Sunday, February 25, 2007

101 Amazing Facts About Earth

Interesting articles at Some of the entries are related to climate change. #2 is related to ice cores and #7 is related to why hurricanes disappeared in 2006.

2. And the coldest place around here?
Far and away, the coldest temperature ever measured on Earth was -129 Fahrenheit (-89 Celsius) at Vostok, Antarctica, on July 21, 1983.

7. How far does regular dust blow in the wind?
A 1999 study showed that African dust finds its way to Florida and can help push parts of the state over the prescribed air quality limit for particulate matter set by the U.S. Environmental Protection Agency. The dust is kicked up by high winds in North Africa and carried as high as 20,000 feet (6,100 meters), where it's caught up in the trade winds and carried across the sea. Dust from Chinamakes its way to North America, too., 101 Amazing Earth Facts, Robert Roy Britt, 22 July 2003
Garbage Plasma Power

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A new machine uses high voltage to create an arch of plasma. This plasma is used to break apart ordinary garbage into clean burning syngas and an inert glass which could be used for concrete filler.

Michael Nuzzi of US Energy says:

“New York City is already paying an astronomical $90 a ton to get rid of its trash. According to Startech, a few 2,000-ton-per-day plasma-gasification plants could do it for $36. Sell the syngas and surplus electricity, and you’d actually net $15 a ton. Gasification is not just environmentally friendly, it’s a good business decision.”
Photos and videos of this process can be seen here.

Popular Science, The Prophet of Garbage, Joseph Longo's Plasma Converter turns our most vile and toxic trash into clean energy—and promises to make a relic of the landfill, Michael Behar, March 2007
40.7% sunlight-to-energy conversion efficiency!

With funding from the Department of Energy, Boeing-Spectrolab has managed to create a solar cell with 40.7% sunlight-to-energy conversion efficiency, said DoE assistant secretary for energy efficiency and renewable energy Alexander Karsner on Tuesday.


This breakthrough may lead to systems with an installation cost of only $3 per watt, producing electricity at a cost of 8-10 cents per kilowatt/hour, making solar electricity a more cost-competitive and integral part of our nation’s energy mix.

EE Times, Solar cell breakthrough claimed

Tuesday, February 13, 2007

Czech President Declares War on Science
"Global warming is a false myth and every serious person and scientist says so. It is not fair to refer to the U.N. panel. IPCC is not a scientific institution: it's a political body, a sort of non-government organization of green flavor. It's neither a forum of neutral scientists nor a balanced group of scientists. These people are politicized scientists who arrive there with a one-sided opinion and a one-sided assignment. Also, it's an undignified slapstick that people don't wait for the full report in May 2007 but instead respond, in such a serious way, to the summary for policymakers where all the "but's" are scratched, removed, and replaced by oversimplified theses.• This is clearly such an incredible failure of so many people, from journalists to politicians. If the European Commission is instantly going to buy such a trick, we have another very good reason to think that the countries themselves, not the Commission, should be deciding about similar issues.•"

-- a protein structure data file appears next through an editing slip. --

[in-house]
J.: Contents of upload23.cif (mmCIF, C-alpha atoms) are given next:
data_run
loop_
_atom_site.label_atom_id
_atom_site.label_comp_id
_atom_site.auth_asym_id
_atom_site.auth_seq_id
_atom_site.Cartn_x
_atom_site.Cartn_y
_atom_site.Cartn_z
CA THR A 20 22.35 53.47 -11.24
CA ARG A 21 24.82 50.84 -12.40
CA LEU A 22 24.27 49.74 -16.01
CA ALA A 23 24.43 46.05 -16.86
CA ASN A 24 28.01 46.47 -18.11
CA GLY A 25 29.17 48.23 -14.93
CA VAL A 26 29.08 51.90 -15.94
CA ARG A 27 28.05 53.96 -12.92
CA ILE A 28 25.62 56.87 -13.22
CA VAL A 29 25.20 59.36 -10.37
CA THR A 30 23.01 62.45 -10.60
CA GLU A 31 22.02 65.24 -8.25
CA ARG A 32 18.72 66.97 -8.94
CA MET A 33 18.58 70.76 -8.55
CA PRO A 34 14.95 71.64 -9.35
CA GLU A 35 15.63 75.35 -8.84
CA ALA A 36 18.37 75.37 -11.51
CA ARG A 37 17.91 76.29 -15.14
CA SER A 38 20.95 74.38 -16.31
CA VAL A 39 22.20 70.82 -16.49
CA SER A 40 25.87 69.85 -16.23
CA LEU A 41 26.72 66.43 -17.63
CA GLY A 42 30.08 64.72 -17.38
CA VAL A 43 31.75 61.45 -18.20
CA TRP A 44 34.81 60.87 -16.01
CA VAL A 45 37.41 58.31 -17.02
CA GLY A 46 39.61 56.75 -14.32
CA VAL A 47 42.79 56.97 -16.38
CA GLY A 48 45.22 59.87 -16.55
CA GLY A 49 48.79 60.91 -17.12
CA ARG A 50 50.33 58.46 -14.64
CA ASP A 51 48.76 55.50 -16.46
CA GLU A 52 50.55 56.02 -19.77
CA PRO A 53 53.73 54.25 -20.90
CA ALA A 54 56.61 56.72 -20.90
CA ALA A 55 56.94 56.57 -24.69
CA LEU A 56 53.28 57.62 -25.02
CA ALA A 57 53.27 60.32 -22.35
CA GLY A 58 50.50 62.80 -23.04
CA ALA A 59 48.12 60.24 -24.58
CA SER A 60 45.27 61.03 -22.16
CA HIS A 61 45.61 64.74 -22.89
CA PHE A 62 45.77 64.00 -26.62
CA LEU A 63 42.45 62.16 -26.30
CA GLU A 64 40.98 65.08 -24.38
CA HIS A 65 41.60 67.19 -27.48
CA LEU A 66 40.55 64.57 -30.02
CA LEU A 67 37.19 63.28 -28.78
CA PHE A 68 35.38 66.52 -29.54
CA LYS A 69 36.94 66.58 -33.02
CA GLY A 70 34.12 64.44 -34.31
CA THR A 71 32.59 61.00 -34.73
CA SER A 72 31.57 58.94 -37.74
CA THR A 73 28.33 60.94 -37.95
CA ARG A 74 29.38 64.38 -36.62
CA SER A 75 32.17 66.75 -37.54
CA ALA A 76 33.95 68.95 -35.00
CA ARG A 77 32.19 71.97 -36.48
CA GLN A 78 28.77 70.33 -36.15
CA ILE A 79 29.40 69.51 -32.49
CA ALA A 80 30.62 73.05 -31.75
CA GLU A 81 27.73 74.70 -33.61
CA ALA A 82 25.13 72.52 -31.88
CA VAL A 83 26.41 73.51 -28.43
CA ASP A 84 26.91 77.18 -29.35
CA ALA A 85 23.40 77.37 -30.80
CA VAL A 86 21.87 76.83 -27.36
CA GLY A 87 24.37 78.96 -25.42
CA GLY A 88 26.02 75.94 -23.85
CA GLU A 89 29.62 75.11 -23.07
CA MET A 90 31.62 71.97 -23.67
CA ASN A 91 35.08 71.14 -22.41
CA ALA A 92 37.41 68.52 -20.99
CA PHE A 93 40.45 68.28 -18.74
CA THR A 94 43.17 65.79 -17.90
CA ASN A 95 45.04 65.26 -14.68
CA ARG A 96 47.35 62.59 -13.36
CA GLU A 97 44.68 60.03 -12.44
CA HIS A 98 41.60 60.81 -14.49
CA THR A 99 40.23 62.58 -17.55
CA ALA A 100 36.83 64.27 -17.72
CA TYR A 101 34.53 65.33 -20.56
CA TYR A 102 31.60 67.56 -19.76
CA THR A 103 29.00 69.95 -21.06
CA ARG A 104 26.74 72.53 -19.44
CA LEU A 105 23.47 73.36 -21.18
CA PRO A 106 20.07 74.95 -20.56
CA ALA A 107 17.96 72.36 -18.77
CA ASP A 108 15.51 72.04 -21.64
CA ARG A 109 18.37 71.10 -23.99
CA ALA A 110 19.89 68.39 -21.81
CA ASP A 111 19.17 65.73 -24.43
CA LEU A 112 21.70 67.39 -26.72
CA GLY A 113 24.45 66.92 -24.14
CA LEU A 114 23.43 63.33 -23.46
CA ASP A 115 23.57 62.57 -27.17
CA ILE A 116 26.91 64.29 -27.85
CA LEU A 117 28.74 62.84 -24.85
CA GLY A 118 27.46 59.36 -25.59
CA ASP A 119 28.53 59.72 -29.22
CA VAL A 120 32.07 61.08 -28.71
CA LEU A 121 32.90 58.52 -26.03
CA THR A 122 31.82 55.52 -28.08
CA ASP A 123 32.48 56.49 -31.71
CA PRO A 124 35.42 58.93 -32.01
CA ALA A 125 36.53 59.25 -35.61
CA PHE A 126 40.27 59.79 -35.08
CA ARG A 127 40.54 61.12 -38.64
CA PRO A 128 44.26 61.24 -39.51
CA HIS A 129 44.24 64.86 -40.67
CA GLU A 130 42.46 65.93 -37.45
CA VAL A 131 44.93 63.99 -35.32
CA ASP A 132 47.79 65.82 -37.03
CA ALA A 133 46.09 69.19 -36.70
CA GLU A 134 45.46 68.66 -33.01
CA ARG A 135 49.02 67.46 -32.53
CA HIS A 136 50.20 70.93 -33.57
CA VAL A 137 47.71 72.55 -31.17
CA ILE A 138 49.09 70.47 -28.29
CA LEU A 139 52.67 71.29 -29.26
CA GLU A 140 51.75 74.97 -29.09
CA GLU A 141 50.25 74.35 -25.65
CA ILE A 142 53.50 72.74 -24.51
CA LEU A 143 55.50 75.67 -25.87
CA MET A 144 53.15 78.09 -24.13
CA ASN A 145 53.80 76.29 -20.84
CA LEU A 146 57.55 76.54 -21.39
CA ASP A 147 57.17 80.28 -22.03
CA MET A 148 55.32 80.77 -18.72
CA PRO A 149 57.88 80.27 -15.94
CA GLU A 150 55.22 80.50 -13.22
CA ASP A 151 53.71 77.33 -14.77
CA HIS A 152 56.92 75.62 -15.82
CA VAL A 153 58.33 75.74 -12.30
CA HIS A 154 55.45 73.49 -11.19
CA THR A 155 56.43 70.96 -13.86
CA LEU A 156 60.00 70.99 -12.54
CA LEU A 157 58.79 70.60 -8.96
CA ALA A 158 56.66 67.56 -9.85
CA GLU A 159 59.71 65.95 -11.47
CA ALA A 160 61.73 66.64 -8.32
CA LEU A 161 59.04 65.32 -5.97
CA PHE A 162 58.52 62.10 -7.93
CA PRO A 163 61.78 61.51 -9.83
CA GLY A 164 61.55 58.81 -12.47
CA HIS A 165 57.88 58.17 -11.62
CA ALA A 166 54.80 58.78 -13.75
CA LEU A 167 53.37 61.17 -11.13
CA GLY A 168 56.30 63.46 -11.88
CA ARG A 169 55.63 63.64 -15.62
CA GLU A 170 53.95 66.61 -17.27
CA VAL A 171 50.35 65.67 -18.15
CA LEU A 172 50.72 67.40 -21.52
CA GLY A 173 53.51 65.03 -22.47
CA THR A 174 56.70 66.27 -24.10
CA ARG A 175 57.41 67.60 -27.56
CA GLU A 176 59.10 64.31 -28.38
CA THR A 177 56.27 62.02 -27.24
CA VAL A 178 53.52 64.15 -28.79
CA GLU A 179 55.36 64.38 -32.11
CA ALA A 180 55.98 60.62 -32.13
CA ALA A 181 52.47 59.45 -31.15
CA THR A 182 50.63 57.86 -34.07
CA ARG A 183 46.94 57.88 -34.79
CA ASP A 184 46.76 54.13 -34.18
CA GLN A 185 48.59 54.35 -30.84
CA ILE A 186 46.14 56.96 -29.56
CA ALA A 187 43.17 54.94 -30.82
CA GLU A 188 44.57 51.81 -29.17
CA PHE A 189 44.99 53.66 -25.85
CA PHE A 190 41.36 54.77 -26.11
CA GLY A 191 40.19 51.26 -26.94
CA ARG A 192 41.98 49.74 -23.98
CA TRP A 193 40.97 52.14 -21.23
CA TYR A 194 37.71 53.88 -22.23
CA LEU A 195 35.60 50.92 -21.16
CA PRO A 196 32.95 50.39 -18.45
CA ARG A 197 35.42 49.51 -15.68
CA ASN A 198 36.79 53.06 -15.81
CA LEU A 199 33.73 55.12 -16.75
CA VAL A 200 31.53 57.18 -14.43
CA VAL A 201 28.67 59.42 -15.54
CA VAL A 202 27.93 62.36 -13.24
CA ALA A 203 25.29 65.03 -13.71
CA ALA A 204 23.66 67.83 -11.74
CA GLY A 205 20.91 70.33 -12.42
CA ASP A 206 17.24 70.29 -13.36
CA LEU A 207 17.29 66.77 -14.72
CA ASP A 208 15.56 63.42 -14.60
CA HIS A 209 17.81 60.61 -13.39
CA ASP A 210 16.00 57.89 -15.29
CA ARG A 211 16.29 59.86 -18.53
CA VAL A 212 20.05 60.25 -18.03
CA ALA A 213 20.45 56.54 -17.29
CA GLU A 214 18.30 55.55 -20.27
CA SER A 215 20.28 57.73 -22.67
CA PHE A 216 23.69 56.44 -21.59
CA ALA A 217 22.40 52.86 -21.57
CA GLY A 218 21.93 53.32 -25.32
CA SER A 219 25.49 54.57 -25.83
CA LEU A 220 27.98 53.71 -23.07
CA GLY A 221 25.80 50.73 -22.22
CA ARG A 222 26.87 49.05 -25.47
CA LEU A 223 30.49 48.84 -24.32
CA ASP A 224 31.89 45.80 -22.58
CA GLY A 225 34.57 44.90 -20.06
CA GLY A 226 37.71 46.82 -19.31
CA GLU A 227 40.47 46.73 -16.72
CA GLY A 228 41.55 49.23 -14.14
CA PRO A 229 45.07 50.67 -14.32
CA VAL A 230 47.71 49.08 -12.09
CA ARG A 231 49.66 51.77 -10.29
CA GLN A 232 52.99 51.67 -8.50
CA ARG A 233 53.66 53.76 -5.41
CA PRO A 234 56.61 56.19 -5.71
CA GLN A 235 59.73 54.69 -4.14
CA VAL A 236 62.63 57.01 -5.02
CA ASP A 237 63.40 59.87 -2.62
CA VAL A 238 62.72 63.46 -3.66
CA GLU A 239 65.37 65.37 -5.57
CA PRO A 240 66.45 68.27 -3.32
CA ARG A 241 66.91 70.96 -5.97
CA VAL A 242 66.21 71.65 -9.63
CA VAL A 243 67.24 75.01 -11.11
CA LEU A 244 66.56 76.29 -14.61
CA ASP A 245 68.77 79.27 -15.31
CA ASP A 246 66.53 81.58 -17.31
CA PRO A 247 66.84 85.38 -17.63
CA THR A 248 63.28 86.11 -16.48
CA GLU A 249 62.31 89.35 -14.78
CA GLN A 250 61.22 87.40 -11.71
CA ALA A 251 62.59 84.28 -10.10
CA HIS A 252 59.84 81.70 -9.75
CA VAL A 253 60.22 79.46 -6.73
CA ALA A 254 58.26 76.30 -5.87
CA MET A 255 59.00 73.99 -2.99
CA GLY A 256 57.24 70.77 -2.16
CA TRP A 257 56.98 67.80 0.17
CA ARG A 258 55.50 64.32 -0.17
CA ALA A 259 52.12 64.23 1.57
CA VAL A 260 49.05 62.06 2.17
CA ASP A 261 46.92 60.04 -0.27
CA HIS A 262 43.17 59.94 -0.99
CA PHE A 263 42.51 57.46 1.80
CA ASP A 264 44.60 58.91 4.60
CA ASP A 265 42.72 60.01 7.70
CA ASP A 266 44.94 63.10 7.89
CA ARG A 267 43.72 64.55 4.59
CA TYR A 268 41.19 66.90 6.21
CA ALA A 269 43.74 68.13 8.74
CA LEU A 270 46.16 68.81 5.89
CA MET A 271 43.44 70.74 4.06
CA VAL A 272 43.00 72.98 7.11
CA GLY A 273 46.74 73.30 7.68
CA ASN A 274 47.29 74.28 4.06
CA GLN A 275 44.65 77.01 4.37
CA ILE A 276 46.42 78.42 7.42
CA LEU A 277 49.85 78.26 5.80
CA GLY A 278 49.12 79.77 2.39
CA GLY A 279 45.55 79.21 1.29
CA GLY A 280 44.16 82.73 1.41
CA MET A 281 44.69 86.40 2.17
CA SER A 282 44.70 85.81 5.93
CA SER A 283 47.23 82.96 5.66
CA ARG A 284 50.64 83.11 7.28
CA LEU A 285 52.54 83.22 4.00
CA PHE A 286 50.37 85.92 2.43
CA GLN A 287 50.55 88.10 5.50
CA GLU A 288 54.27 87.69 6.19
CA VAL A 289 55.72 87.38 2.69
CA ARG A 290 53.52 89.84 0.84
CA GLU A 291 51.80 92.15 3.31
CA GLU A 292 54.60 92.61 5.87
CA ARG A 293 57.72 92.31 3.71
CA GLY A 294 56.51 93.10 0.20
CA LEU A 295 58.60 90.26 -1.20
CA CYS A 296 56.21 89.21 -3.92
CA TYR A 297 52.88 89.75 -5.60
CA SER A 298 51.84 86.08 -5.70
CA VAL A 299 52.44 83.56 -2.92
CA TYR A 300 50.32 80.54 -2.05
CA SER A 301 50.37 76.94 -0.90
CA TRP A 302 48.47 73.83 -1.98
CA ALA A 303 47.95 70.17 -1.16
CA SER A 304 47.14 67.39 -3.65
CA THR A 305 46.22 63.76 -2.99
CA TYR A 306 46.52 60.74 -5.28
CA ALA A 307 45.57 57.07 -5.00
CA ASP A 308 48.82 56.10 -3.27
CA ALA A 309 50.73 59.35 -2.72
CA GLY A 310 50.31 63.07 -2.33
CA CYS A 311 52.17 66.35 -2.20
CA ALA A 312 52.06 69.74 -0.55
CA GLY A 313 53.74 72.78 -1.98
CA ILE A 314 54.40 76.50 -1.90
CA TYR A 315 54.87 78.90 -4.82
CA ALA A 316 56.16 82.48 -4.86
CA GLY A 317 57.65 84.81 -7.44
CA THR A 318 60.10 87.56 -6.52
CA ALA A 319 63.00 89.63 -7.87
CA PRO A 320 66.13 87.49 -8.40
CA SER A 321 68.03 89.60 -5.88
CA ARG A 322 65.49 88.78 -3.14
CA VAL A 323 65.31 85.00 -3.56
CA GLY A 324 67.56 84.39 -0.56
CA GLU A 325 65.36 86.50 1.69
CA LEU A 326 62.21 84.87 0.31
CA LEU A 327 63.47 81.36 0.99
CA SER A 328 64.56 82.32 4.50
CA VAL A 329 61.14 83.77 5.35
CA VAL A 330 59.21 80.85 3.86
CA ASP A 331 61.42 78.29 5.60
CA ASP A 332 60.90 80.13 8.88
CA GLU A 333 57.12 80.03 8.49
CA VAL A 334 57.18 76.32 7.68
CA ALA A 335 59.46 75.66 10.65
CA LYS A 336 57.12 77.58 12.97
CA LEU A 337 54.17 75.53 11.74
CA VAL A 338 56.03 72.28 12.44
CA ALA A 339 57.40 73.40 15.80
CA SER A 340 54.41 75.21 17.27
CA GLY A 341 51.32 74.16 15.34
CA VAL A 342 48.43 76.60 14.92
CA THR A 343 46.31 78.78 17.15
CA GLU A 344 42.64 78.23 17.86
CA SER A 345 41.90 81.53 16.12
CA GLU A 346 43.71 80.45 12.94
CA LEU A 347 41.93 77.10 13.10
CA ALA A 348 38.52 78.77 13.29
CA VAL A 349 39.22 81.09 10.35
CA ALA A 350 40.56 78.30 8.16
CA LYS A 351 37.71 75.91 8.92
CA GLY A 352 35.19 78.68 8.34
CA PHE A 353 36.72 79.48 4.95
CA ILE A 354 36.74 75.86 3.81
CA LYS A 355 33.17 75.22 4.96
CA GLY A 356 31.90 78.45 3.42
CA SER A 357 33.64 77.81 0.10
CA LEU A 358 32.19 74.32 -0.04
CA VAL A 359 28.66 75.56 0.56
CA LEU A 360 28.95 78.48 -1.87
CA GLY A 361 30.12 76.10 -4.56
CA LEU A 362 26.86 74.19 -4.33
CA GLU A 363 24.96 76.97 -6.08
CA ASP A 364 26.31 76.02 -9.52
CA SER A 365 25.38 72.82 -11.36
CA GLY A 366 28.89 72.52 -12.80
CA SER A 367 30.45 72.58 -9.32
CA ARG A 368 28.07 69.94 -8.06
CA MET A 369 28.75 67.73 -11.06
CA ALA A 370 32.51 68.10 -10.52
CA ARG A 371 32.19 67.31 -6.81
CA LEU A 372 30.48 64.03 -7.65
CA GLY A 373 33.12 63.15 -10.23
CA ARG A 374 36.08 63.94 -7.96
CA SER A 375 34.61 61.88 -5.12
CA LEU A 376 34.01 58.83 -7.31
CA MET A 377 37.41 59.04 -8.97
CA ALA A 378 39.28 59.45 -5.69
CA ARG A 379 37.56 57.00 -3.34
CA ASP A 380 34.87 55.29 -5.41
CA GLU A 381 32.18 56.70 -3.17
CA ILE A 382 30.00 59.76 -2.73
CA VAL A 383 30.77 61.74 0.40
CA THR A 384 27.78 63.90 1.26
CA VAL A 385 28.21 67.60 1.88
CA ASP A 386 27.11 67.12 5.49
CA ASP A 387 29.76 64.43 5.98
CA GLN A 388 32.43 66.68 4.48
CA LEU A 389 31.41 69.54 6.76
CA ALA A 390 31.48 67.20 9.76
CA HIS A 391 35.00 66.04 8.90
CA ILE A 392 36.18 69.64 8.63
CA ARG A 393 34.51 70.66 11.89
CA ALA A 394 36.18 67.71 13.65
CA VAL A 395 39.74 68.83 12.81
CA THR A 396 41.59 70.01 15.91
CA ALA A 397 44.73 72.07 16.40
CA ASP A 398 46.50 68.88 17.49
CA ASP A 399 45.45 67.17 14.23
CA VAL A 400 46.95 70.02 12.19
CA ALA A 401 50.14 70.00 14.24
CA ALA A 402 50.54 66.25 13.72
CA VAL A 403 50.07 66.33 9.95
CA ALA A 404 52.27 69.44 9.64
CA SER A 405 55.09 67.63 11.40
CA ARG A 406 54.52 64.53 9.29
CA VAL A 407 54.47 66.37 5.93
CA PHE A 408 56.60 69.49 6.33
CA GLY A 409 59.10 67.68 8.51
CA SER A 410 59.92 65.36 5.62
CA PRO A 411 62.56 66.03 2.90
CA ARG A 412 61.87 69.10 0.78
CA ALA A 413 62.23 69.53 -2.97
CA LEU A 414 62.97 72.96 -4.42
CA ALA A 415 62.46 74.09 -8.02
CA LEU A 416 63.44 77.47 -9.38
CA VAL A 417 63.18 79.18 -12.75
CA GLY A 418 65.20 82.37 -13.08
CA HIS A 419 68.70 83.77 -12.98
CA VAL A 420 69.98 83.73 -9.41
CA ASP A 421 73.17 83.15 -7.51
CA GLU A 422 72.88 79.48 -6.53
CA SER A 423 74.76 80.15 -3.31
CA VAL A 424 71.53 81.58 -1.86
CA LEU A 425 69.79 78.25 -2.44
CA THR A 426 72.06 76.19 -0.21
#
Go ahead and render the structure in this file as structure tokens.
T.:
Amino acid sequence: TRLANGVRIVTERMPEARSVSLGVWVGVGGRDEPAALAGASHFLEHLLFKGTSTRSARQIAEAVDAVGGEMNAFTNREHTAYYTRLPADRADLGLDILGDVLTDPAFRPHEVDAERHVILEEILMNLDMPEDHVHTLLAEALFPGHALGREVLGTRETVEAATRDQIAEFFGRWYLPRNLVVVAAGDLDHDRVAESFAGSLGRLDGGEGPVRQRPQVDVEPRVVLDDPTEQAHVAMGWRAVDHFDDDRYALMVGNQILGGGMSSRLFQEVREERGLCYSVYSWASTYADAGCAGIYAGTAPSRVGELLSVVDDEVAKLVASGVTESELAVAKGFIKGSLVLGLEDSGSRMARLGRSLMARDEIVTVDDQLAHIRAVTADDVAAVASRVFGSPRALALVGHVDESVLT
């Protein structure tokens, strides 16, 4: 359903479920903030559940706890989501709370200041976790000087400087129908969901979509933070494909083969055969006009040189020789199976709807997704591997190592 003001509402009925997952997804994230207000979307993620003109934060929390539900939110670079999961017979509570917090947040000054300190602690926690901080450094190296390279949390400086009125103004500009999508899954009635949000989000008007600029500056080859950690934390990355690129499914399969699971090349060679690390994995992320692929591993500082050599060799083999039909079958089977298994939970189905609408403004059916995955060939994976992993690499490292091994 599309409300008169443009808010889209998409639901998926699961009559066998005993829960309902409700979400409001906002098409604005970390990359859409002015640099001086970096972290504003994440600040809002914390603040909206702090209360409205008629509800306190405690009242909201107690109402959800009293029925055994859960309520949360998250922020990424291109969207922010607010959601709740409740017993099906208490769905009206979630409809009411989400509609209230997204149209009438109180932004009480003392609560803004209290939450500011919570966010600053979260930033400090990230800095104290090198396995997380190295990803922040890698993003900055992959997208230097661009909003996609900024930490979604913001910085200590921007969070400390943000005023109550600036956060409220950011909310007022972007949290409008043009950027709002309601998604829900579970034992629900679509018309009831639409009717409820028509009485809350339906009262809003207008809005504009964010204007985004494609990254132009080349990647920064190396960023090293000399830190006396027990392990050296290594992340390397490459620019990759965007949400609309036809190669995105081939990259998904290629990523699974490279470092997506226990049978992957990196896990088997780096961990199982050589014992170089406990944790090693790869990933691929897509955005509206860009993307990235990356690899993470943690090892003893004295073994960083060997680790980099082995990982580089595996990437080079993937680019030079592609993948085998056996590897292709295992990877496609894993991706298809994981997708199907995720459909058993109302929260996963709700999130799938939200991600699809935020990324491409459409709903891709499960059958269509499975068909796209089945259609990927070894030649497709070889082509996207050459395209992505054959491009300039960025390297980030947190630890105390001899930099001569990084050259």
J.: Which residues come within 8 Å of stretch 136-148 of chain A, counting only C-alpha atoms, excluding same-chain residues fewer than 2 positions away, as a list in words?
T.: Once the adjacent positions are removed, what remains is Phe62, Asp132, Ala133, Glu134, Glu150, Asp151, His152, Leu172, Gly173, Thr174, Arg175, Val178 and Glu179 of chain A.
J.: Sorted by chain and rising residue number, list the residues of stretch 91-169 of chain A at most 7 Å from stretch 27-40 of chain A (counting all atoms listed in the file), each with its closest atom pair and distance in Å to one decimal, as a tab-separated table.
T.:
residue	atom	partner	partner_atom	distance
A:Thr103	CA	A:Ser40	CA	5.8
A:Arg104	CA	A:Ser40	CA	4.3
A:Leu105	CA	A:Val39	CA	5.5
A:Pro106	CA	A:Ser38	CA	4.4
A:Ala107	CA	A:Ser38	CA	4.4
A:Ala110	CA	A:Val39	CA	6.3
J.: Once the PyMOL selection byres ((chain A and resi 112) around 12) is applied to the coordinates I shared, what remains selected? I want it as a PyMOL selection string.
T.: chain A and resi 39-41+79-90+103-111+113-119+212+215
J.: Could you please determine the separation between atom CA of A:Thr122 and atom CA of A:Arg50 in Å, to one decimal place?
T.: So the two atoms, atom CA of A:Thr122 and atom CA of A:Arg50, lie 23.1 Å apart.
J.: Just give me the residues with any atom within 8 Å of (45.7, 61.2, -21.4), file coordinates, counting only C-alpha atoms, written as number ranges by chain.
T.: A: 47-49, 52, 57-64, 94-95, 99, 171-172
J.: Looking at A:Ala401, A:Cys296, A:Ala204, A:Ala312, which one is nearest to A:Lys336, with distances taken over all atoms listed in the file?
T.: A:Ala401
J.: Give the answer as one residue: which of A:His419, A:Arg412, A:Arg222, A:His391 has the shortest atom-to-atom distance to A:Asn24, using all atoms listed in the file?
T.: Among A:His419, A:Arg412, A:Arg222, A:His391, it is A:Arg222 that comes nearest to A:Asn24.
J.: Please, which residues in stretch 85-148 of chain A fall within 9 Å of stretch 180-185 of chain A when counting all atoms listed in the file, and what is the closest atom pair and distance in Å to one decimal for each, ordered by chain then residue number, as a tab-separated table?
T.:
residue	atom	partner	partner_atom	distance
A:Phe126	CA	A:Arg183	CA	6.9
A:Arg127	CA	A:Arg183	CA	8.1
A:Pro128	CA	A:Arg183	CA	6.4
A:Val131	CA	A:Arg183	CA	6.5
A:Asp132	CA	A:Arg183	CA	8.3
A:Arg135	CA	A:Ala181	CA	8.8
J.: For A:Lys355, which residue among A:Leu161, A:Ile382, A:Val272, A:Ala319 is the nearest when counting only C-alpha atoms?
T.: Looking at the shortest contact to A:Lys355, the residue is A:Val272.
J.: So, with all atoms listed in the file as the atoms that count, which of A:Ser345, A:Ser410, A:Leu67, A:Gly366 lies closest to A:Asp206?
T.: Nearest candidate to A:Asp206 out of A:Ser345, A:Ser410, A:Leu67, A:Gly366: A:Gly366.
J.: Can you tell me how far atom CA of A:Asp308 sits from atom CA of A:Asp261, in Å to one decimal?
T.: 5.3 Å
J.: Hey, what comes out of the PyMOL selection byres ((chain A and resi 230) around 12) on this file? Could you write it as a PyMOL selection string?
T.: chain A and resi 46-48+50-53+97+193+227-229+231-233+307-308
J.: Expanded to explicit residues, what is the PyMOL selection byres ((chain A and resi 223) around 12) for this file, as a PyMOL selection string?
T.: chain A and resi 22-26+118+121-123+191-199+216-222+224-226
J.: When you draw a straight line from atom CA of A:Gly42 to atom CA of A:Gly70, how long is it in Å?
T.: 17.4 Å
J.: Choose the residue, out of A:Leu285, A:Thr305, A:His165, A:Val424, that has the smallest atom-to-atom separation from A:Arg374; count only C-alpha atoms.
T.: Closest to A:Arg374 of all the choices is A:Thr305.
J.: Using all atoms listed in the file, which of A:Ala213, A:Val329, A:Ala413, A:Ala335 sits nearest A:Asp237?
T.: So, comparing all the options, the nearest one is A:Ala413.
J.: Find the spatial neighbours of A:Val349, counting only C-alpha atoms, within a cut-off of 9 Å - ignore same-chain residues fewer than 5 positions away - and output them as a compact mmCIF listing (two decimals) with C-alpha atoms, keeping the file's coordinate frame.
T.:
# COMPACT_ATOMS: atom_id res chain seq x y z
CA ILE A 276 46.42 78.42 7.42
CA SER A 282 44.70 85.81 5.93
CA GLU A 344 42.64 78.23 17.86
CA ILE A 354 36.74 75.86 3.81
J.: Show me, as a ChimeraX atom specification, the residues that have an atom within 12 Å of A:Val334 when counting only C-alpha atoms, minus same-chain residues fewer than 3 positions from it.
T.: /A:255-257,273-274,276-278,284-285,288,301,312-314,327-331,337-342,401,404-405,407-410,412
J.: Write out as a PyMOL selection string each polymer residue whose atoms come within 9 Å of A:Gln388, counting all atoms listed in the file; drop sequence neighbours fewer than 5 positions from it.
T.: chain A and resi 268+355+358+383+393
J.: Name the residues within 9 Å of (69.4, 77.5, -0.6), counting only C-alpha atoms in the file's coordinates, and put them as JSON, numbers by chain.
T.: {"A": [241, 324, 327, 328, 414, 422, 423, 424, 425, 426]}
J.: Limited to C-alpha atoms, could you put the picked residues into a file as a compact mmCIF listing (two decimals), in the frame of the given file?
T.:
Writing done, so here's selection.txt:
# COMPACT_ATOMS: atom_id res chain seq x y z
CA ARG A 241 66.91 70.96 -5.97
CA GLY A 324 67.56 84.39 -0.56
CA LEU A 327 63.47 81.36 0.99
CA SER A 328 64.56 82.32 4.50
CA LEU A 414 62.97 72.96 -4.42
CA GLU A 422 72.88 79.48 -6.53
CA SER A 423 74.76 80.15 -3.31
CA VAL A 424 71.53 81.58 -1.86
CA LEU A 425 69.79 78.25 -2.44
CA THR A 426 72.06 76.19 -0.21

The full interview is here. Found via Drudge flash page.

Sunday, February 04, 2007

Exxon Owe's $5 Billion, Pays $0.

On March 24, 1989, the oil tanker Exxon Valdez departed from Valdez, Alaska, heading south with a full load of 52 million gallons of oil. Due to fatigue and excessive workloads the ship crashed and caused one of the biggest environmental disasters in history. It contaminated 1,200 miles of pristine shoreline and it killed 2,800 otters. Today the tanker is still leaking and a recent study found that there is more than 26,600 gallons of oil remaining at Prince William Sound. 26,000 gallons may not sound like a lot but even oil companies like Castrol will admit:
A single pint of oil can create an oil slick the size of a football field. A single gallon of used oil can contaminate a million gallons of fresh water.
Researchers say the oil spill is declining at a rate of only 4% a year and even slower in the Gulf of Alaska. Predictions that the sound would have recovered by now have shown to be inaccurate. Fishery scientists estimate that less than 10% of the oil was cleaned up.

After the oil spill Exxon was taken to court to cover the cleanup costs. In 1994 Exxon was fined $5 billion for negligence. That debt still remains unpaid. Meanwhile over 1,200 of the plaintiffs have passed away. Victor Smith, a fisherman, lost more than $1 million due to the spill and says the herring fish community still hasn't recovered. Smith has since given up fishing and now hauls freight.

For those that have a knack for law, feel free to read the 2006 decision which is available via this PDF. 32,000 people are waiting compensation.

The Guardian, 18 years on, Exxon Valdez oil still pours into Alaskan waters, Ewen MacAskill in Washington, Friday February 2, 2007
Seattle Times/Common dreams, The Lingering Lessons of the Exxon Valdez Spill, Monday, March 22, 2004, Marybeth Holleman


Seattlepi, Exxon still owes for Valdez spill, Despite profits, oil giant holds billions awarded to victims, MIKE LEWIS, Monday, March 13, 2006
Staley,Laurel. "Petroleum Oils." U.S. Environmental Protection Agency, 2000: March 26, 2003.